The background of Portsmouth’s gun registry controversy is as follows: In 1975, the Portsmouth City Council passed Ordinance 705.30, which stated “It shall be the duty of any person licensed under this section to keep in a separate book kept for that purpose a record of each sale of any gun, revolver, pistol, firearm or other dangerous weapon, which record shall include a description of the article sold, including the manufacturer’s name and number, the name and address and description to whom sold, and the date and hour on which the sale was made. The holder of such license shall also prepare and deliver each day to the Chief of Police a legible and correct copy written in the English language from such book, containing the description of such articles sold, the hour at which the purchase was made and a description of the person to whom it was sold.” Ordinance 705.30 places a lot of responsibility on the gun-seller and gun-buyer, responsibilities which Federal and Ohio laws since 1975 have to a large extent superseded.
Concerned about what he saw as an infringement of his Constitutional rights under the Second Amendment of the U.S. Constitution, Harold T. Pack, of Rosemont, wrote to City Solicitor David Kuhn on 8 Sept. 2004. (See “Timeline” below.) As chief legal officer of the city, Kuhn had the responsibility to try to promptly resolve the gun registration issue, all the more so since Kuhn is a member of the NRA and of its legal arm the Institute for Legislative Action (ILA). It is hard to believe that Kuhn as a member of the NRA’s Institute for Legislative Action could be so ignorant of gun laws, but it is even harder to believe that Kuhn as City Solicitor could be so ignorant of the City Charter, as he too often is. Instead of taking decisive action on the gun issue, Kuhn characteristically dilly-dallied for months. When Pack felt he was getting the run-around from Kuhn and other elected officials, he wrote a letter to members of the City Council on 25 Jan. 05. (See “Timeline” below.) As a result, Councilman Bob Mollette became involved, and so fortunately did David LaCourse, a field representative of the National Rifle Association. I am no fan of the NRA, but it appears that if LaCourse had not become involved, the controversy might still be festering and Kuhn might still be dilly-dallying. LaCourse’s long 16 Feb. 2006 letter is must reading for anyone trying to understand the complex legal issues involved.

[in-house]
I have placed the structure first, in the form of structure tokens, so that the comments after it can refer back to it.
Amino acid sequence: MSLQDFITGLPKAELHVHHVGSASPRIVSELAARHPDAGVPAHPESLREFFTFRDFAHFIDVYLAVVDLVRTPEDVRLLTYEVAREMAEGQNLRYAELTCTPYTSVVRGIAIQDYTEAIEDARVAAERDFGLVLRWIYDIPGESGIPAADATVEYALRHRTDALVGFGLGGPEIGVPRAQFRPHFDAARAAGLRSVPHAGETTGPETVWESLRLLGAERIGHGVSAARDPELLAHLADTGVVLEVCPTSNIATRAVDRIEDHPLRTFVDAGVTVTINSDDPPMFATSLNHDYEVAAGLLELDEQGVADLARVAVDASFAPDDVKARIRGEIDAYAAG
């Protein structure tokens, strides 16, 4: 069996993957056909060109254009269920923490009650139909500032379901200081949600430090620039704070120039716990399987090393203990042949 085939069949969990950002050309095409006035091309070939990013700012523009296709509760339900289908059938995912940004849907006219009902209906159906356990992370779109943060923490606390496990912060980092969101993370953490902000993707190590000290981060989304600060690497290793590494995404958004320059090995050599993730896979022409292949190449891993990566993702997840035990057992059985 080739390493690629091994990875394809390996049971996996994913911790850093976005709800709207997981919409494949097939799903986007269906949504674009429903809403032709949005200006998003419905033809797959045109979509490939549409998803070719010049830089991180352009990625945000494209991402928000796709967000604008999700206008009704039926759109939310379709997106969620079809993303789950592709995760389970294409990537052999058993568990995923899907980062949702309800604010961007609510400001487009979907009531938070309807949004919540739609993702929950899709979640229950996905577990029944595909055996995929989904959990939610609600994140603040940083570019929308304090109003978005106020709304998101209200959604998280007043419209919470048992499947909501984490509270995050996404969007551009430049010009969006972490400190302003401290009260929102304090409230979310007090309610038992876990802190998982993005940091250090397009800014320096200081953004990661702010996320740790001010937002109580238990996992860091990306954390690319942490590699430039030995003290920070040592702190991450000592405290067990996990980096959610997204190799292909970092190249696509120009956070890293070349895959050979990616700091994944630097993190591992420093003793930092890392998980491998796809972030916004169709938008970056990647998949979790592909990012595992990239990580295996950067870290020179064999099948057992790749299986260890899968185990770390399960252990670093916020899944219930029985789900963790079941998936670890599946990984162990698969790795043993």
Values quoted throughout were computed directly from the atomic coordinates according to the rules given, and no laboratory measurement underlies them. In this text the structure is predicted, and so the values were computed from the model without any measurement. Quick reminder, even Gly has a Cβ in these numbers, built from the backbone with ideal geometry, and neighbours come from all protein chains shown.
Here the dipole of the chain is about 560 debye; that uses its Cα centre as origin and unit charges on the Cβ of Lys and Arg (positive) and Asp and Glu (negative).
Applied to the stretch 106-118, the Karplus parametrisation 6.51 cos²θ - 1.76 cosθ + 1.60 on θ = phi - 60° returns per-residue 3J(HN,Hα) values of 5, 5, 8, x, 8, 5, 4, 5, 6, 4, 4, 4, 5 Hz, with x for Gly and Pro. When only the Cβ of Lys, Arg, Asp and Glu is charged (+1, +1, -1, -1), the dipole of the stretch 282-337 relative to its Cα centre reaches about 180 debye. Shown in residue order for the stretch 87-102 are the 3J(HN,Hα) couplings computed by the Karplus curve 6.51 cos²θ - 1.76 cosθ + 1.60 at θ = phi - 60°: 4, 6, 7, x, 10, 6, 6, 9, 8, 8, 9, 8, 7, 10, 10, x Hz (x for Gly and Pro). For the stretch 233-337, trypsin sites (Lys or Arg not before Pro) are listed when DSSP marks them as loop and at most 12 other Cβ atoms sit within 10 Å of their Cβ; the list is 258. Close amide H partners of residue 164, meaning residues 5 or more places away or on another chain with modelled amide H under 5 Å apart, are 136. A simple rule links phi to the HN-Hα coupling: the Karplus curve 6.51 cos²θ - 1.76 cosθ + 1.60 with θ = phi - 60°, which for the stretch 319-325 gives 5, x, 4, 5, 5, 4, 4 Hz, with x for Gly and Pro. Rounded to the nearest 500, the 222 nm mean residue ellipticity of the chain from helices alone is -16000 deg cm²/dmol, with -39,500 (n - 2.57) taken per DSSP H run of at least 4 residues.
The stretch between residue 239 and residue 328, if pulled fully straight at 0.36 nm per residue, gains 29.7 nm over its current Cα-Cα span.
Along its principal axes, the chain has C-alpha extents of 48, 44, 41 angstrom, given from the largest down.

In that same 16 Feb. 2006 letter, LaCourse (shown here) expressed the opinion that a good deal of the controversy over gun laws in Portsmouth was the result of “personality differences.” He believed that the controversy was as much the result of psychological as of legal or policy problems. The context of LaCourse’s observation suggests that it was Chief Horner he thought was the problem. Whether or not LaCourse thought City Solicitor Kuhn was also a problem, I believe Portsmouth’s gun registration controversy had more to do with Kuhn’s than to Horner’s or anyone else’s personality. As a concerned voter, I will go even further and say I believe Portsmouth’s gun controversy is a consequence of our city solicitor’s psychological problems, and more specifically a reflection of his passive-aggressive personality. Since Kuhn is the chief legal officer of the city, and running for re-election, I feel I have the right and even the obligation to raise the issue of his fitness for public office not only on ethical but also on psychological grounds.